Water borne and vector borne diseases after the rains – Symptoms and prevention
Rains are more vital to a country but they also create health menace when there is much water stagnation around the people living areas. When these waters do not drain out properly it causes serious health issues which may be fatal to the infected persons.
Vector borne diseases: This kind of diseases is mainly transmitted by mosquitoes that breed in the stagnant water. Water collected in the tires, unused containers and coolers are also suitable places for propagation of mosquitoes. Some of the diseases that are transmitted by mosquito include,It is one of most tarnished illness that occurs in the rainy season. The dengue virus is carried out by the Aedes mosquito that bites during the day time. It is characterized by high temperature that occurs after 4 to 7 days of the mosquito bite. There will be rashes all over the body with muscle and joint aches. Loss of appetite and there will be unusual pain at the back of the eyes, bleeding in the gums.
Precautionary Measures:Water borne diseases: This kind of diseases is spread from unhygienic water or food materials. It can occur as an epidemic out break where there is poor sanitation, low hygiene and improper sewage system. Contaminated food and water from street shops can also carry on the disease.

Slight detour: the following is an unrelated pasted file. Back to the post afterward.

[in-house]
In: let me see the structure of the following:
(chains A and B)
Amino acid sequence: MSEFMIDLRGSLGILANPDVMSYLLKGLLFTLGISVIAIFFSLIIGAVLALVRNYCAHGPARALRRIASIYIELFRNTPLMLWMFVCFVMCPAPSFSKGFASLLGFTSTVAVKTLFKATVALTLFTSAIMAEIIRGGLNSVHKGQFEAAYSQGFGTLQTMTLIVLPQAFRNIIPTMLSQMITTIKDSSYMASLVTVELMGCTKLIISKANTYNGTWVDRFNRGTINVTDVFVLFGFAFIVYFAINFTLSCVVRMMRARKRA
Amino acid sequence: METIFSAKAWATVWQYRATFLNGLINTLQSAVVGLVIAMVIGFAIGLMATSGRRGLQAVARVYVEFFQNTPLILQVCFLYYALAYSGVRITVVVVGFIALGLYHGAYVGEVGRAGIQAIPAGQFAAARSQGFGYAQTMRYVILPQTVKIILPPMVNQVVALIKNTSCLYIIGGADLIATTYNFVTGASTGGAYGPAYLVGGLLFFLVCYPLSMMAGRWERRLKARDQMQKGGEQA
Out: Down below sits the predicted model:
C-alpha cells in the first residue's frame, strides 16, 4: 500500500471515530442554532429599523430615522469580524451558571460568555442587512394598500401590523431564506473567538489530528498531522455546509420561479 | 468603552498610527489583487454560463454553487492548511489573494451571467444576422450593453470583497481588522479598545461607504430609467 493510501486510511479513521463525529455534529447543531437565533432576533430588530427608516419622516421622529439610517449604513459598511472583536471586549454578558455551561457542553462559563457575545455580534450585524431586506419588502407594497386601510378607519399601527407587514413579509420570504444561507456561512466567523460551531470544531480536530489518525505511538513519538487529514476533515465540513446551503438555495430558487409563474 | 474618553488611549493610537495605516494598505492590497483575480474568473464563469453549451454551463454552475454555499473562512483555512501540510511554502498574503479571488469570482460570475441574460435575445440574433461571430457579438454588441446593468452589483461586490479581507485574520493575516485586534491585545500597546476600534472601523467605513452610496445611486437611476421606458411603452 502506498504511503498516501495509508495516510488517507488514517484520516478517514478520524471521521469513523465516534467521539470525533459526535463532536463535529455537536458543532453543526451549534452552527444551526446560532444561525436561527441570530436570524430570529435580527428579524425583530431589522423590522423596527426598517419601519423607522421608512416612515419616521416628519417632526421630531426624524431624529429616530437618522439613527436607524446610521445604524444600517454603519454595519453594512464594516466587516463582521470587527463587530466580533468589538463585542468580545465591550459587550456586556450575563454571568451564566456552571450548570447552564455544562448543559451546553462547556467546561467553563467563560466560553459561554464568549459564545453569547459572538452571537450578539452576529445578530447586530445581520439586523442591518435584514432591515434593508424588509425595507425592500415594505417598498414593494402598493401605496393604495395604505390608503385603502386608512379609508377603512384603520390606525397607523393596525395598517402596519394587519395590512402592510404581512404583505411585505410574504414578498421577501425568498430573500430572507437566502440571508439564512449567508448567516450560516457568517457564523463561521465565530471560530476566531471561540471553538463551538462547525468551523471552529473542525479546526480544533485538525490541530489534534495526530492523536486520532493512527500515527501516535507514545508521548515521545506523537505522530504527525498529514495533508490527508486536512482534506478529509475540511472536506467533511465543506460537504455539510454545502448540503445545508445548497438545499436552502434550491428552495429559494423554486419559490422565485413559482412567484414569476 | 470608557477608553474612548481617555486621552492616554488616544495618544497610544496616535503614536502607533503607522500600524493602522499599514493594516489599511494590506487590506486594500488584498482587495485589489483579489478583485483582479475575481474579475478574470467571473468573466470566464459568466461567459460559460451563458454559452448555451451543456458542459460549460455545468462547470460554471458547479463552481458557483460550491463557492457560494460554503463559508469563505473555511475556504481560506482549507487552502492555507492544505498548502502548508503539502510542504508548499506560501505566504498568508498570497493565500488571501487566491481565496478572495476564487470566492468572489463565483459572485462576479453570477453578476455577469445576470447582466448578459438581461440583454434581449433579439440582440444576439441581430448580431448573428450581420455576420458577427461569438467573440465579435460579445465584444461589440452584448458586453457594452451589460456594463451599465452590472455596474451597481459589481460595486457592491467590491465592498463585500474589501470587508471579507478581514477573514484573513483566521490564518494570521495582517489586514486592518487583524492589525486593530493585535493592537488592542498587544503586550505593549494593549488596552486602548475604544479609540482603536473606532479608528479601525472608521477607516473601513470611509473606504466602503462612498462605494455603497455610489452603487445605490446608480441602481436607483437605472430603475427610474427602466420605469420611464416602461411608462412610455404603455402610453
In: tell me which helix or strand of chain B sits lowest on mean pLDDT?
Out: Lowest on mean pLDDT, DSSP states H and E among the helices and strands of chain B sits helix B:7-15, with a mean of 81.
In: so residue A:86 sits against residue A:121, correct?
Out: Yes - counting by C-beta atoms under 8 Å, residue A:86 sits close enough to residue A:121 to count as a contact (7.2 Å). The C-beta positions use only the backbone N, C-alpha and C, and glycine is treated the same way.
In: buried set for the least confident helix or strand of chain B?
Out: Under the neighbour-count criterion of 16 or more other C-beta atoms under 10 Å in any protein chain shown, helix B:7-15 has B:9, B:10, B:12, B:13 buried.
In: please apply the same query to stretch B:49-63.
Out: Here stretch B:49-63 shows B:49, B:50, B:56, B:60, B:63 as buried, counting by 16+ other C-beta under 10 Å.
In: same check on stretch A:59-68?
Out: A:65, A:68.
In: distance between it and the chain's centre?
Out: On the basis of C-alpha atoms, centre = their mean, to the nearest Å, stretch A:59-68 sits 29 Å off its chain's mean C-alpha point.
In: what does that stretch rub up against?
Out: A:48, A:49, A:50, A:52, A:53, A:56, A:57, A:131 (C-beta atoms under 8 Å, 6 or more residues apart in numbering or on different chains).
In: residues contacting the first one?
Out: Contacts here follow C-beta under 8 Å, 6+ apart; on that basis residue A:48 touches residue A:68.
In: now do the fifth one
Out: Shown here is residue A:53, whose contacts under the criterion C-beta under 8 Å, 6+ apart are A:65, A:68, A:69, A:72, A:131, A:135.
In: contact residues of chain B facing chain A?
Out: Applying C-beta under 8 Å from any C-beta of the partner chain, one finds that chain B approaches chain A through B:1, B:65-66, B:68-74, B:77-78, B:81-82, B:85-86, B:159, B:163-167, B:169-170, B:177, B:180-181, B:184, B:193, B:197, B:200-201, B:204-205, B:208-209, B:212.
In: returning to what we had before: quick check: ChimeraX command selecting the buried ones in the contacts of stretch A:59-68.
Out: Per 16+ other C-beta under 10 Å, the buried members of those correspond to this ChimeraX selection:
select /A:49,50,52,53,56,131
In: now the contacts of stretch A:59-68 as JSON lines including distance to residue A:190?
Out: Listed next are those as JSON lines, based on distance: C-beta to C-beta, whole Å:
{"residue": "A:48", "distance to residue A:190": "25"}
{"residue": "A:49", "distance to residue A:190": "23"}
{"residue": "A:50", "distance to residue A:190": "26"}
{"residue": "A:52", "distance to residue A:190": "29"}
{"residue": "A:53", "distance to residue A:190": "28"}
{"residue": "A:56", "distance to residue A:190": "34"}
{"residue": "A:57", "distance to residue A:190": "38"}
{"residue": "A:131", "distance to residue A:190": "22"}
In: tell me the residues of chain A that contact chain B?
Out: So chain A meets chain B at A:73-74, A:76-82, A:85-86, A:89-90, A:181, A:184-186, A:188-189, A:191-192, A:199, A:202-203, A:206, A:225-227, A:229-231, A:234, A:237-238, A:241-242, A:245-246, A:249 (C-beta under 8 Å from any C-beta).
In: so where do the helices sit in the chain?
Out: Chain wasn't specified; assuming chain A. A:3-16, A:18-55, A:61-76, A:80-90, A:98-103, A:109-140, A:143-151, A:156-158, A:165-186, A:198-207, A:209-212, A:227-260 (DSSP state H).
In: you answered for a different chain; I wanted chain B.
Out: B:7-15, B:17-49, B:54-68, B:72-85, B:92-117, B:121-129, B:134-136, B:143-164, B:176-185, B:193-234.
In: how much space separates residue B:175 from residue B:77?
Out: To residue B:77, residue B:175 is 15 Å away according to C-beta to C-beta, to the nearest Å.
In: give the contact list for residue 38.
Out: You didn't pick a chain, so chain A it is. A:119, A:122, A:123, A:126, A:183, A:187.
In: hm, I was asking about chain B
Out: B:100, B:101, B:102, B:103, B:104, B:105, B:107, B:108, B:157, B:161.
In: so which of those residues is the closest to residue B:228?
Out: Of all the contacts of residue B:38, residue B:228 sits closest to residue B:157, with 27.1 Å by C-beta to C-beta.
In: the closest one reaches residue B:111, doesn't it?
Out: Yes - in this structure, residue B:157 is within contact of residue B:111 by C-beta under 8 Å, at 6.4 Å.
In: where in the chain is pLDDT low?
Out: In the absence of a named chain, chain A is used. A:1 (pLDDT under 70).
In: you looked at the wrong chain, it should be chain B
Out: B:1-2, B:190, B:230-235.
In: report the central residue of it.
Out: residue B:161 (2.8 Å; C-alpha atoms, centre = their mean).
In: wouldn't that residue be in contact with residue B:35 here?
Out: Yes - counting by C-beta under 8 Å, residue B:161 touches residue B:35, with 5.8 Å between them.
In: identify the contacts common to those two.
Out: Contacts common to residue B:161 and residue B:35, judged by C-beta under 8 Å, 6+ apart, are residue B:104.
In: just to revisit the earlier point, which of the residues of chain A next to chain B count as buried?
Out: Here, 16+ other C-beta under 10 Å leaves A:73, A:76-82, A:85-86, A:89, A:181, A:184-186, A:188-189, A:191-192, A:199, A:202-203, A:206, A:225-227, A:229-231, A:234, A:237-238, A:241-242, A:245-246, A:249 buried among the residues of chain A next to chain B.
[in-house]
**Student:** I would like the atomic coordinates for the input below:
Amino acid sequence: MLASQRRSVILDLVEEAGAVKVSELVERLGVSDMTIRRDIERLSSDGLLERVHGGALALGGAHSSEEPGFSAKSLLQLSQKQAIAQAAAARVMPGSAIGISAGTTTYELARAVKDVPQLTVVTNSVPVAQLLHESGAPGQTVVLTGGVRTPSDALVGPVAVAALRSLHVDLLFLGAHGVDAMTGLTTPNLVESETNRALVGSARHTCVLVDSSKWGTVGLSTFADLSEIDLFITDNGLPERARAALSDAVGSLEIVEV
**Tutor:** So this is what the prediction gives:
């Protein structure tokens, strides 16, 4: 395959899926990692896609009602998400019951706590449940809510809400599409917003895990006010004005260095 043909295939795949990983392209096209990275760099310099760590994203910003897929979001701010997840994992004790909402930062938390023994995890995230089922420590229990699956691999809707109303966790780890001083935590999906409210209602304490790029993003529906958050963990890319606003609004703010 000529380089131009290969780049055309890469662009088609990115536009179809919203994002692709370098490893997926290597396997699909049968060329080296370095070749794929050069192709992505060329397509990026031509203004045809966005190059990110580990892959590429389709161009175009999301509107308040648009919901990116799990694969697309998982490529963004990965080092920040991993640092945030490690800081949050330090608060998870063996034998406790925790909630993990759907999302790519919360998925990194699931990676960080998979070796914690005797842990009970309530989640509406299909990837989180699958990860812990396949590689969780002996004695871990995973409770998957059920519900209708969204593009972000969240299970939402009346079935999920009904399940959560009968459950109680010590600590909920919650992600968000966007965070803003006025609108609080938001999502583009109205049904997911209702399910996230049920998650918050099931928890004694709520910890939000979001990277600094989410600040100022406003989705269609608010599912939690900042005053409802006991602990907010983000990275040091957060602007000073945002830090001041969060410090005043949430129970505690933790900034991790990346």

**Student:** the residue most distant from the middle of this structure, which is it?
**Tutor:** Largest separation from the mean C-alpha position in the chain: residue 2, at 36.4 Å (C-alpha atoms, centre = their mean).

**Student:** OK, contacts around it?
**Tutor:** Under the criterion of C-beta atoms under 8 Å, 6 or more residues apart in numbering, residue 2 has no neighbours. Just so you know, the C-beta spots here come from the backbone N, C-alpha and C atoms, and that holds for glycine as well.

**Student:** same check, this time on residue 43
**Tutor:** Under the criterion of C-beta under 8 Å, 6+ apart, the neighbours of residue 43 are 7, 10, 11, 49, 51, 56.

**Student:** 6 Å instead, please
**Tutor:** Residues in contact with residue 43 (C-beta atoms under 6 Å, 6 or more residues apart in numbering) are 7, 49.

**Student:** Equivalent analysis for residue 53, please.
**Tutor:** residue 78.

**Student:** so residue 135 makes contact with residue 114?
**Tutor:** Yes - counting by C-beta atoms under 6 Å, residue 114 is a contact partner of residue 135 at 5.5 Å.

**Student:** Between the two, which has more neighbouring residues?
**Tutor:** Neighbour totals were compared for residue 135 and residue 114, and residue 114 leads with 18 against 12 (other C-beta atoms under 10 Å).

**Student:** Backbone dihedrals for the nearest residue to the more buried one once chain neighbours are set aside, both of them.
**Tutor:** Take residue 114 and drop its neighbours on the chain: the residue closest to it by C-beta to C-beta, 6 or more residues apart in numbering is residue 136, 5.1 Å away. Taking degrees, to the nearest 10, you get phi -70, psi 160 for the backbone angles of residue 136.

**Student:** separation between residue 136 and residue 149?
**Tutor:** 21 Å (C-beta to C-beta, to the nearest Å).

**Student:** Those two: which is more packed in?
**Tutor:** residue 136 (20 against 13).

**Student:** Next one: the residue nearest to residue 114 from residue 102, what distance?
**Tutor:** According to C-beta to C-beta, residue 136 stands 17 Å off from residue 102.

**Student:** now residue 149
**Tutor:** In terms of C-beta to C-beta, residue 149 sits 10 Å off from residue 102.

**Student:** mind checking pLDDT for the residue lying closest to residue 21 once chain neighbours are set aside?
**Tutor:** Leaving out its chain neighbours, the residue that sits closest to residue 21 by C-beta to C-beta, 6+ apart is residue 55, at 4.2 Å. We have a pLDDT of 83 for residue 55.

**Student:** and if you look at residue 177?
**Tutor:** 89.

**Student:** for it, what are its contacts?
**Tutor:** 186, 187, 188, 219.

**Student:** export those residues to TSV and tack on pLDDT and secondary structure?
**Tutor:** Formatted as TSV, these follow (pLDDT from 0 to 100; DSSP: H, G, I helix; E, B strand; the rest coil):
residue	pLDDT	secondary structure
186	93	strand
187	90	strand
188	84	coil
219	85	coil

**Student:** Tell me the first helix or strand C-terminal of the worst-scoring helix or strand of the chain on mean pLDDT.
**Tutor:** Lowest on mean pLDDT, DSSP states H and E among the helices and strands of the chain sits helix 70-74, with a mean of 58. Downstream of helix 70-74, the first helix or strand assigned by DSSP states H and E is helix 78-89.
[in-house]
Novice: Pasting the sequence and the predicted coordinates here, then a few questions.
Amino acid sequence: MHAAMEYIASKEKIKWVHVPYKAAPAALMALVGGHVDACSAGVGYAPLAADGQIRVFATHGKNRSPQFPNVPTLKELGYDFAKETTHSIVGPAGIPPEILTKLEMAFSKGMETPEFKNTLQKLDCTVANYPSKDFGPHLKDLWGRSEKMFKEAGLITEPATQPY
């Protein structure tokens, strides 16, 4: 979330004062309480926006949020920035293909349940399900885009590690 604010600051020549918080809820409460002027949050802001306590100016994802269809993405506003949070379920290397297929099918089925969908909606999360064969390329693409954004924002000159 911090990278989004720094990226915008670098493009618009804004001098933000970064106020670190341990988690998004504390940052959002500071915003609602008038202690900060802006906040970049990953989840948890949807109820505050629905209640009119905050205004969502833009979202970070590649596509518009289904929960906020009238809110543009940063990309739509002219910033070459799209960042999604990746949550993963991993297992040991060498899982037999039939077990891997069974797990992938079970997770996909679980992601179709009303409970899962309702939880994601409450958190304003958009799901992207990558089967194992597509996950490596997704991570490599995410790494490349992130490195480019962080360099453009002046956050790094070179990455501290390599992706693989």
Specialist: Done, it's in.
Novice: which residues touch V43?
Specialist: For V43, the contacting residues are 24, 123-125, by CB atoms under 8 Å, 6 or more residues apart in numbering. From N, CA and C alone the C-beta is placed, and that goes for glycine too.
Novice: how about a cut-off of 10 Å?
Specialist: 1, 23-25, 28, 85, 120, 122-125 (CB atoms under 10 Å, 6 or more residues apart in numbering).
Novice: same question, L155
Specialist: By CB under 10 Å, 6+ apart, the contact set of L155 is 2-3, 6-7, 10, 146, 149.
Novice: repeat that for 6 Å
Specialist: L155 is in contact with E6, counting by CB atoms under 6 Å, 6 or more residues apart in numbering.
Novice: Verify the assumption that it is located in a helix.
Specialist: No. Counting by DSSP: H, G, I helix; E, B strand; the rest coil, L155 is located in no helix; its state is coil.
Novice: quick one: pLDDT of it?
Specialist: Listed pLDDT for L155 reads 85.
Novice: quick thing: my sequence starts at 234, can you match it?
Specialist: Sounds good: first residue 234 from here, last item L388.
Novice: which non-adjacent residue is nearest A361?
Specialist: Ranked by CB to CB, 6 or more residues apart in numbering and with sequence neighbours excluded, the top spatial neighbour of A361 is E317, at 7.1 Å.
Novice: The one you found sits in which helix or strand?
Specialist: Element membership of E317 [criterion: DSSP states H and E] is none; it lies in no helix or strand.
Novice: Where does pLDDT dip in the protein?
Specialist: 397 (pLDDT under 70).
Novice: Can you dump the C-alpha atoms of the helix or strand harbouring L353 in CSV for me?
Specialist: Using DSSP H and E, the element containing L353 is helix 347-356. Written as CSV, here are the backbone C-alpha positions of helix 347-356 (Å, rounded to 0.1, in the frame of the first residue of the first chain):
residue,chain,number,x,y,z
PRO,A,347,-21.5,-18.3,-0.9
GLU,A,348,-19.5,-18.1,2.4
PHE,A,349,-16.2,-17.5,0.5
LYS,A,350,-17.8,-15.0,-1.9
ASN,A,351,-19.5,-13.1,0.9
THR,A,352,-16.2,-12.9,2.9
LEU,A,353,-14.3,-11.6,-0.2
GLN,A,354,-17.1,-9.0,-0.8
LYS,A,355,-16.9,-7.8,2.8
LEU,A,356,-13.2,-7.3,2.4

It spreads through infected water and food with human fecal matter and flies can also transmit the disease. People who live in areas with low sanitation and unhygienic practices are widely affected. Signs of cholera: Typhoid fever:
It is caused by intake of infected food or water that has Salmonella typhi in it. The bacteria can be alive in water and sewage for several weeks and enters by feco-oral route. Signs of typhoid: Hepatitis A infection:
This is caused by hepatitis A virus and mainly affects the liver. It is transmitted by infected fecal matter, water, food or close contact with the hepatitis A patients. The symptoms start after 2-7 weeks after virus enters the body. Signs of hepatitis A: Leptospirosis:
It is passed from animals to human beings by means of infected urine and commonly called as ‘Rat fever’. Due to rains and floods many rats have been killed and washed away, this poses main threat to us. When a person with open skin comes in contact with leptospira bacteria while walking in the water the illness starts. Signs: Some people have severe leptospirosis called as ‘Weil’s disease’ and it is portrayed by kidney failure and bleeding of the lungs and even death.